Reclaiming Our Daughters (Previously Published as My Girl)

What Parenting a Pre-Teen Taught Me About Real Girls


By Karen Stabiner

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$28.99 CAD


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This item is a preorder. Your payment method will be charged immediately, and the product is expected to ship on or around March 14, 2007. This date is subject to change due to shipping delays beyond our control.

Reclaiming Our Daughters (previously published as My Girl) offers a fresh and long-needed perspective on pre-teen and teen girls, one that finally brings a message of hope and optimism about girls today. 

Part memoir, part sociological examination, Karen Stabiner observes her daughter, Sarah, as she navigates her critical pre-teen years, a time when girls become adolescents and are rumored to become increasingly difficult and alienated. However, unlike most writing on the subject, Stabiner presents a well-rounded account of parenting a coming-of-age girl. She writes eloquently about societal pressures on girls and of her determination to be her daughter's advocate. This mother-daughter relationship is generally warm and close, though when it's difficult, as it inevitably is at times, Stabiner writes honestly about the challenges. In doing so, she unravels the bad-girl stereotypes we’ve all believed in for too long.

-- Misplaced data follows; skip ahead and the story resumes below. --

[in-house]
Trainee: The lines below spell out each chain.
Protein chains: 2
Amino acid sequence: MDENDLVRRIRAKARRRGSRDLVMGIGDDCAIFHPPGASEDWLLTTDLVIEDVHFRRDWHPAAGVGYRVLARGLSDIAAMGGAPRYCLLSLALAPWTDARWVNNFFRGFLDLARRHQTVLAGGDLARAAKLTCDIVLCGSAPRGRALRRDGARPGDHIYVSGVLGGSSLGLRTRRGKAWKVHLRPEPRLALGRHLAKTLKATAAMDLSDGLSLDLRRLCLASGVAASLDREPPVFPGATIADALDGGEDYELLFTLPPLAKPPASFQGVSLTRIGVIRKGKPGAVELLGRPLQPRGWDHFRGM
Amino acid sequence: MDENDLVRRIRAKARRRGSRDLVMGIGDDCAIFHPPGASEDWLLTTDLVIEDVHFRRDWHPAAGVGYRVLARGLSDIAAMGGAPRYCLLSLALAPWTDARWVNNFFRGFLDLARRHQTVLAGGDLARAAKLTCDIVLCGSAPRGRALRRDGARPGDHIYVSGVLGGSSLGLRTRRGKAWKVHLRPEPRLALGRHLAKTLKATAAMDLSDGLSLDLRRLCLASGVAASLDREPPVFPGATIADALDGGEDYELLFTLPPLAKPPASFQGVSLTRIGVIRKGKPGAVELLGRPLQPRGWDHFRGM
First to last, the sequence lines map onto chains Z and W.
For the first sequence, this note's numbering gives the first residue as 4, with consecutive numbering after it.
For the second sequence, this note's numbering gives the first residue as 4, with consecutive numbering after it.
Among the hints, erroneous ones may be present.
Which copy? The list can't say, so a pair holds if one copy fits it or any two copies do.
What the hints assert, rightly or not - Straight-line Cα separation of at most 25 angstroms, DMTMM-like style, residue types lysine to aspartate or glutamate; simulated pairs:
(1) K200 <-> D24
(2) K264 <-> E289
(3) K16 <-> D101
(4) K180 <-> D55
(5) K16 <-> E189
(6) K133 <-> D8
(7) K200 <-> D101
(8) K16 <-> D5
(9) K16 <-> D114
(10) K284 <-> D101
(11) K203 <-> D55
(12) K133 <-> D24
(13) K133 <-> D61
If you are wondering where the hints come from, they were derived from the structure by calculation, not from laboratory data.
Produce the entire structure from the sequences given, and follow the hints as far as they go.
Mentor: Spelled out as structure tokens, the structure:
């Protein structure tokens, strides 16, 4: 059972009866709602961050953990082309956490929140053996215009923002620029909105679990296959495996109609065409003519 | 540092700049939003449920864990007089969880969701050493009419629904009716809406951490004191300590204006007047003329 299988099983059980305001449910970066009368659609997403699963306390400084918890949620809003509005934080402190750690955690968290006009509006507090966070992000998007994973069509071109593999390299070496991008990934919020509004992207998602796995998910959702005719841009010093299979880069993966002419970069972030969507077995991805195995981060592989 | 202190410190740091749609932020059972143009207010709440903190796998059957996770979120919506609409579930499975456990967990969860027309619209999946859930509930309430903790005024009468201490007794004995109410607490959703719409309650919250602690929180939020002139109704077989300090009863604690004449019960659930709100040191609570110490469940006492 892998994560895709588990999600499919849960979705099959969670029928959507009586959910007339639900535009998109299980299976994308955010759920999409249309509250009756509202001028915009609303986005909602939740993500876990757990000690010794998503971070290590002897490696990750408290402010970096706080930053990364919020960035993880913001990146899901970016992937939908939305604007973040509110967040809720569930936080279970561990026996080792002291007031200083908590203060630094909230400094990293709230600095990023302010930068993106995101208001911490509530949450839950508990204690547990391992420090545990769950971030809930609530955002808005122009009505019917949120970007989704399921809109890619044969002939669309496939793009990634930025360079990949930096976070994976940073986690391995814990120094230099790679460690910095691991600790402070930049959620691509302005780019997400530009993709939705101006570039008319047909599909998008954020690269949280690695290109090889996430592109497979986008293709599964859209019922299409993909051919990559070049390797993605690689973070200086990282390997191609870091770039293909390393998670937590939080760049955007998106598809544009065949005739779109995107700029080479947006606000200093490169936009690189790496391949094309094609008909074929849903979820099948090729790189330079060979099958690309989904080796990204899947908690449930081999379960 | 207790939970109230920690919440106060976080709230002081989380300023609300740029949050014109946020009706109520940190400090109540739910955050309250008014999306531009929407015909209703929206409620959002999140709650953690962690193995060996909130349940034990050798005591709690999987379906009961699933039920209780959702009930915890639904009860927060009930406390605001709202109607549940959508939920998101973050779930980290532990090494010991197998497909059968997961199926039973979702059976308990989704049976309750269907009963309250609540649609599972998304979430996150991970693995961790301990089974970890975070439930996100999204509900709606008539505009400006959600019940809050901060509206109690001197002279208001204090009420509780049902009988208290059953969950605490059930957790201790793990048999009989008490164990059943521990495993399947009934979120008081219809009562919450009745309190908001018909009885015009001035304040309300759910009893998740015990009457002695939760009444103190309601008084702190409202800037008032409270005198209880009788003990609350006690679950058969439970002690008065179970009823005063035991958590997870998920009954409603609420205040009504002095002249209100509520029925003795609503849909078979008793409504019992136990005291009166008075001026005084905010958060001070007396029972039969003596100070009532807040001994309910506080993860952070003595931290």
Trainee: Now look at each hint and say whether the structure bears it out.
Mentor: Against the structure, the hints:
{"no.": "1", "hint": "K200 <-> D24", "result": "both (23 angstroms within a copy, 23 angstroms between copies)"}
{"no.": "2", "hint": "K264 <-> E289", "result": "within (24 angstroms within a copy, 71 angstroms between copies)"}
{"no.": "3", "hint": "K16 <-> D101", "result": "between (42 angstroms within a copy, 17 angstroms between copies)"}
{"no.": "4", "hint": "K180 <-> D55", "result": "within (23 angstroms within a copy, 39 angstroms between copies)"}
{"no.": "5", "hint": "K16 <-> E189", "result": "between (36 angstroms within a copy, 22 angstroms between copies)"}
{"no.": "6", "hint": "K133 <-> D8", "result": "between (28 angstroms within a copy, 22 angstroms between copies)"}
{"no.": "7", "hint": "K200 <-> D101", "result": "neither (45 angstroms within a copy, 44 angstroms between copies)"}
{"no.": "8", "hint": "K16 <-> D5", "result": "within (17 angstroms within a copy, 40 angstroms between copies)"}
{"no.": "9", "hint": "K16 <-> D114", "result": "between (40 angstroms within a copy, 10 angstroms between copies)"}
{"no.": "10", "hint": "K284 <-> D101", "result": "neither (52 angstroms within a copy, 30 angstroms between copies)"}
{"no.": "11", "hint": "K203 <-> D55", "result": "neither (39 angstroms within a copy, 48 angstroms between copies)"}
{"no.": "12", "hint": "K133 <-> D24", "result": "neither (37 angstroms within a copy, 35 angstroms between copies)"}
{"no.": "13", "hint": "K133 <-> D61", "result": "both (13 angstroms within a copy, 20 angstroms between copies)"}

Reclaiming Our Daughters (previously published as My Girl) is both supportive and encouraging, written by a mother who cares about lifting our daughters up and providing them with the skills they need to become successful, strong, independent-minded women.

On Sale
Mar 14, 2007
Page Count
280 pages
Seal Press

Karen Stabiner

About the Author

Karen Stabiner is a journalist who writes about food, health, and family issues. Some of her previous books include Family Table, a two-year collaboration with James Beard award-winning Michael Romano; the novel Getting In, a comic look at the college admissions sweepstakes; My Girl: Adventures with a Teen in Training, a finalist for the Books for a Better Life Award; and All Girls: Single-Sex Education and Why It Matters. She is a regular contributor to the Los Angeles Times‘ Opinion section, and her work has appeared in publications including the New York Times, the Columbia Journalism Review, O: The Oprah Magazine, Vogue, Los Angeles Magazine, and the New Yorker. She lives in New York City with her family.

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